All true, until you run the trailer over a curb when loaded. All the weight goes on the one wheel/spindle, with no transfer to the rear axle. Bent spindle/axle. I know, you’re an excellent driver and would never run over a curb........then you are one in a billion! Torsion axles do have their advantages, but also their disadvantages.Guys looking for trailers, get the torsion axles. They tow and ride so much better. I have a dream coach horse trailer with 2 8000lb torsion axels and an old Hoosier stock trailer with 2 3500lb torsion axels, no hopping, skipping etc, they both pull much better than any thing with springs.
TRAILER SPRING FAILURE ISSUE - SUGGESTING AIR BAGS TO REDUCE LOAD ON SPRINGS cont.
me to transport my '38 Packard V-12 ( dry weight 5,600 lbs) That data plate says as to "ratings"..... "cargo not to exceed 5568 lbs. !
+ + + + + +So...no pics?
Actually, I think this was a long time coming.
Since the beginning of this trip, I'd noticed that that the equalization linkage never sat quite flat, despite the trailer being pretty level front-to-back. I knew the axles had equal load (due to the fact that it has an equalization system as well as having weighed the trailer axles separately at a CAT scale) and never really gave it much thought. But after replacing the spring back, the equalization linkage is completely level. Here is a picture of the driver side (same side as the spring pack failure) about 8000 miles prior to the spring collapse (this was taken in Little Rock right after I decided to replace all four trailer tires in response to a blowout of one of the four-year-old OEM garbage tires that were on it up until that point). Compare this to the picture in the first post. I think that one of the leafs had been cracked for a long time, and over the 9000+ miles we put on it in under a month the increased load on the remaining leafs caused a cascading failure that culminated in that mess on the side of I-80/90. From now on I'll always inspect my leaf springs and associated hardware before heading out on a long road trip.
Haha, no problem. Another thing I noticed was the very small wiring used for the brakes; it looks like 14 AWG to me. I have been running this trailer with the gain at 10 and I'm wondering if the reason I have to run it maxed out is that there's significant voltage drop due to the small wires. I may look into the feasibility of replacing that crap with 6 AWG. Another thing that occurred to me is that the passenger side brakes have a longer run of wire because they're on the other side of the axle and the connection is made on the driver side. That would tend to result in the driver side getting more braking force, which I haven't noticed but I'll pay more attention to this next time we are out (hopefully next week). If I notice that effect I will embark on a rewire project and I'll ensure that the wire lengths are the same on both sides. In practice that will probably mean adding extra wire in a loop or bundle to the driver side to increase its resistance, since shortening the run to the passenger side is likely impractical. But with 6 AWG between the axles and main wiring harness the net resistance to each brake should be reduced compared to the present configuration.JD, looks like a great improvement.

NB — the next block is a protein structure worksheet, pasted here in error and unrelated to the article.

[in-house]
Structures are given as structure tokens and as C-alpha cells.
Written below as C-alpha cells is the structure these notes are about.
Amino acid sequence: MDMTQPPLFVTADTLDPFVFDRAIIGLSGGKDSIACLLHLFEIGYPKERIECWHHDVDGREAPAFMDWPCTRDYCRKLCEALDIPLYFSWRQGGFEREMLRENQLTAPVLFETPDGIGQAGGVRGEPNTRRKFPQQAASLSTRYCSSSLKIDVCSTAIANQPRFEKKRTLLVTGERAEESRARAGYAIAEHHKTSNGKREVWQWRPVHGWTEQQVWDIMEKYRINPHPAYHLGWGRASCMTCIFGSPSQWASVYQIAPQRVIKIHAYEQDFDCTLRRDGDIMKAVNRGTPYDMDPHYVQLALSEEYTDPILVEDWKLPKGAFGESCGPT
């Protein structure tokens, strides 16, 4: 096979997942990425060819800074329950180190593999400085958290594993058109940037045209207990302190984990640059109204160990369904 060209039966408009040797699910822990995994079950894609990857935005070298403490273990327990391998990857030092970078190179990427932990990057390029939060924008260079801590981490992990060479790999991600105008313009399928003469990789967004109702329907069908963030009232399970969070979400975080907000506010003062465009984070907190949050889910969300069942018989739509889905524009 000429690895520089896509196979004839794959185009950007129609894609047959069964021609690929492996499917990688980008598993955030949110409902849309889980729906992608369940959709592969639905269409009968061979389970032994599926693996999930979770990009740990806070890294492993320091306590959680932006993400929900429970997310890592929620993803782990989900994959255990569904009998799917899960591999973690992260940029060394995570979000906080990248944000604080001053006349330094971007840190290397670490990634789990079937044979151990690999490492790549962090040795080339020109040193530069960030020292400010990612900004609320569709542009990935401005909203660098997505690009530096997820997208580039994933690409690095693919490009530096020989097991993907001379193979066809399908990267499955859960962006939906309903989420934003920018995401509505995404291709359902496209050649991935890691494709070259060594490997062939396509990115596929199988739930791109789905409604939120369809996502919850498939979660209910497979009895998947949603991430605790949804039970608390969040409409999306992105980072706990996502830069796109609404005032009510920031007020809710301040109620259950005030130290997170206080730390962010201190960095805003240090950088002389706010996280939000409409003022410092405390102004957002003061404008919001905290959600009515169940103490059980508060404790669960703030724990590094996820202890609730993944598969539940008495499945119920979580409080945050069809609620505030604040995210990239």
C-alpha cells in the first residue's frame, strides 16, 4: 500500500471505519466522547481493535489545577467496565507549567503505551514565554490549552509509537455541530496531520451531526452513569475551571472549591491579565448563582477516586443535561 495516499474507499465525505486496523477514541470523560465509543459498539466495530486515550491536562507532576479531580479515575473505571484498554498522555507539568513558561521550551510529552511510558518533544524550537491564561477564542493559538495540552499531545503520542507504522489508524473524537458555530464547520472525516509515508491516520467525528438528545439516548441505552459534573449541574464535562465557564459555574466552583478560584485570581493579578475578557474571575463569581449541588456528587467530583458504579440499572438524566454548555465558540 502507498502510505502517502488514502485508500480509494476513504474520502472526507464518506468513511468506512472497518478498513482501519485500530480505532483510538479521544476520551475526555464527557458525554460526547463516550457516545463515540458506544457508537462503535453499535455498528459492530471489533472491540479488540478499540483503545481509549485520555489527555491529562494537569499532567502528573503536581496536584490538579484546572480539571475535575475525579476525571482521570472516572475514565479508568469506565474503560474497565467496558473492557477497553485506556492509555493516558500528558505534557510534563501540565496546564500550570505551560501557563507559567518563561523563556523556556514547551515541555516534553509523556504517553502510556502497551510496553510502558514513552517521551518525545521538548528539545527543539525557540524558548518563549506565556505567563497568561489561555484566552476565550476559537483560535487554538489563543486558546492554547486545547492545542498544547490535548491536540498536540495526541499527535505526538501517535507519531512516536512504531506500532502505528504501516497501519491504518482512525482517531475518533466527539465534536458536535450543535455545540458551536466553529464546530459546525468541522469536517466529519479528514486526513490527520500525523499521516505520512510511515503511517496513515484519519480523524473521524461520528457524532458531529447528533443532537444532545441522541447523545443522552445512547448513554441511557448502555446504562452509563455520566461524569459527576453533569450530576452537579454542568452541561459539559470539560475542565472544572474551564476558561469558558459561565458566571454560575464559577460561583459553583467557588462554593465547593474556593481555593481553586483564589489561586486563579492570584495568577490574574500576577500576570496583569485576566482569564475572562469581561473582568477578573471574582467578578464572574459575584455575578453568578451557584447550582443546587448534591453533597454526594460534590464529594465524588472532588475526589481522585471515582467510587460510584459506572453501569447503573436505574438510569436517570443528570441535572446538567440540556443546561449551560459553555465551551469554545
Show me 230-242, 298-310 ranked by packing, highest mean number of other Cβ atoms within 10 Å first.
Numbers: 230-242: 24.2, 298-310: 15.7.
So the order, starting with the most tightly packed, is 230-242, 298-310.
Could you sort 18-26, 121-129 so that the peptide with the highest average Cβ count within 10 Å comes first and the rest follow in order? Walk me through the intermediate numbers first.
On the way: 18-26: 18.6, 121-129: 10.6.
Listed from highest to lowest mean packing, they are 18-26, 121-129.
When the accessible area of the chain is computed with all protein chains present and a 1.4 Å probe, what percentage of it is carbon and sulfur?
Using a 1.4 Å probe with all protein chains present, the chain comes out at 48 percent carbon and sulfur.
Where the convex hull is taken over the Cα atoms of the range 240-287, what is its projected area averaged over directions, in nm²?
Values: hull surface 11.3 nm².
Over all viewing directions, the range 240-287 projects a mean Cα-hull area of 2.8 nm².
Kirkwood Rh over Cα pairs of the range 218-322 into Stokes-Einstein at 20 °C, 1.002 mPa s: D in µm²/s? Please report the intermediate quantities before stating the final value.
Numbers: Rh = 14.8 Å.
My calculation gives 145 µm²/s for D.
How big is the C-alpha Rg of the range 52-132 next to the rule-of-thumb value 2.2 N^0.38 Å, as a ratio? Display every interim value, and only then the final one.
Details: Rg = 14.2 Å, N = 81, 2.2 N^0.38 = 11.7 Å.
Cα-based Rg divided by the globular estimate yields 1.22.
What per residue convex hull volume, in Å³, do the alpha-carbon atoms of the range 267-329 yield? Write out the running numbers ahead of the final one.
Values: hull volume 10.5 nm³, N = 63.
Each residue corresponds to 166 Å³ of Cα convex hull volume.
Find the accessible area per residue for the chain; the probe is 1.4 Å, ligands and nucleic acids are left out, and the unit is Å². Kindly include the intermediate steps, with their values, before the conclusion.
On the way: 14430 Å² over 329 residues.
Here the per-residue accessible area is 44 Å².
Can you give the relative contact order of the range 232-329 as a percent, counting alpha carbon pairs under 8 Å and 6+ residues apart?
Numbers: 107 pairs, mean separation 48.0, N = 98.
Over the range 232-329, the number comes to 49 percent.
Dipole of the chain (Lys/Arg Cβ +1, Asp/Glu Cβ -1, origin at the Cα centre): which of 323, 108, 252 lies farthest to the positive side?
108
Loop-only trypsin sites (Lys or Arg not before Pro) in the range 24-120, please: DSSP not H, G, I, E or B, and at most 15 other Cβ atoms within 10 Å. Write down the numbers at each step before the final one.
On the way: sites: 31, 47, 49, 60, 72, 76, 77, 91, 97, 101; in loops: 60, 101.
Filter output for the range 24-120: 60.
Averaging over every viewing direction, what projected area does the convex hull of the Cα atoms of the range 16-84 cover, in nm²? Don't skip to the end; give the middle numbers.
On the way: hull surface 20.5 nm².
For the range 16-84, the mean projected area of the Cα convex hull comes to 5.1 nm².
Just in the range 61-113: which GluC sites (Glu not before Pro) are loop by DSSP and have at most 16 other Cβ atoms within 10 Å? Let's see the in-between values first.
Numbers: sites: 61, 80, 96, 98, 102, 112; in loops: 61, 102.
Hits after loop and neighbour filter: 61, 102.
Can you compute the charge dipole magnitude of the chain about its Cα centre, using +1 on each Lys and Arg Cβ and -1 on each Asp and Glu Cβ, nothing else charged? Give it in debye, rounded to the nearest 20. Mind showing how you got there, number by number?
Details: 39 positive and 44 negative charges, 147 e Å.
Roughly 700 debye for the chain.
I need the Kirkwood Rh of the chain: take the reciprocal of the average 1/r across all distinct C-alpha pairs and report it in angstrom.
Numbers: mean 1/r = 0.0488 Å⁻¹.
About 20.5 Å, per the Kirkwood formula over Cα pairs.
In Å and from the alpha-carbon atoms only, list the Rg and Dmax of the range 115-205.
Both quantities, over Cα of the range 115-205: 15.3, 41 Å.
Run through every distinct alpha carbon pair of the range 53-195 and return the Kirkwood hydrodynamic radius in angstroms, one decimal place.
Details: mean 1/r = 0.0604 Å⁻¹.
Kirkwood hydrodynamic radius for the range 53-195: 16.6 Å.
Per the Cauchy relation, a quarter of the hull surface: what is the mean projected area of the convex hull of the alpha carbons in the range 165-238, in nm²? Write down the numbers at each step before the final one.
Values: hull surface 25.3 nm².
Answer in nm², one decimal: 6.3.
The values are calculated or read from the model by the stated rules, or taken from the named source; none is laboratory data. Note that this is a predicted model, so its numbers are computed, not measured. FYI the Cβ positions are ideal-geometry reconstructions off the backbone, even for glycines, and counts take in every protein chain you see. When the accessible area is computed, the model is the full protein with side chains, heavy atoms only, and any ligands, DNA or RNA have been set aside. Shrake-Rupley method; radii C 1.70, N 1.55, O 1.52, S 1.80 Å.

Am curious if it makes any difference in how it tows. My money is on that it tows one hell of a lot better.
For sure, it will lessen the road shock/s on the camper which can be nothing but good.
Thanks for giving me yet another idea of something to look at for the new camper.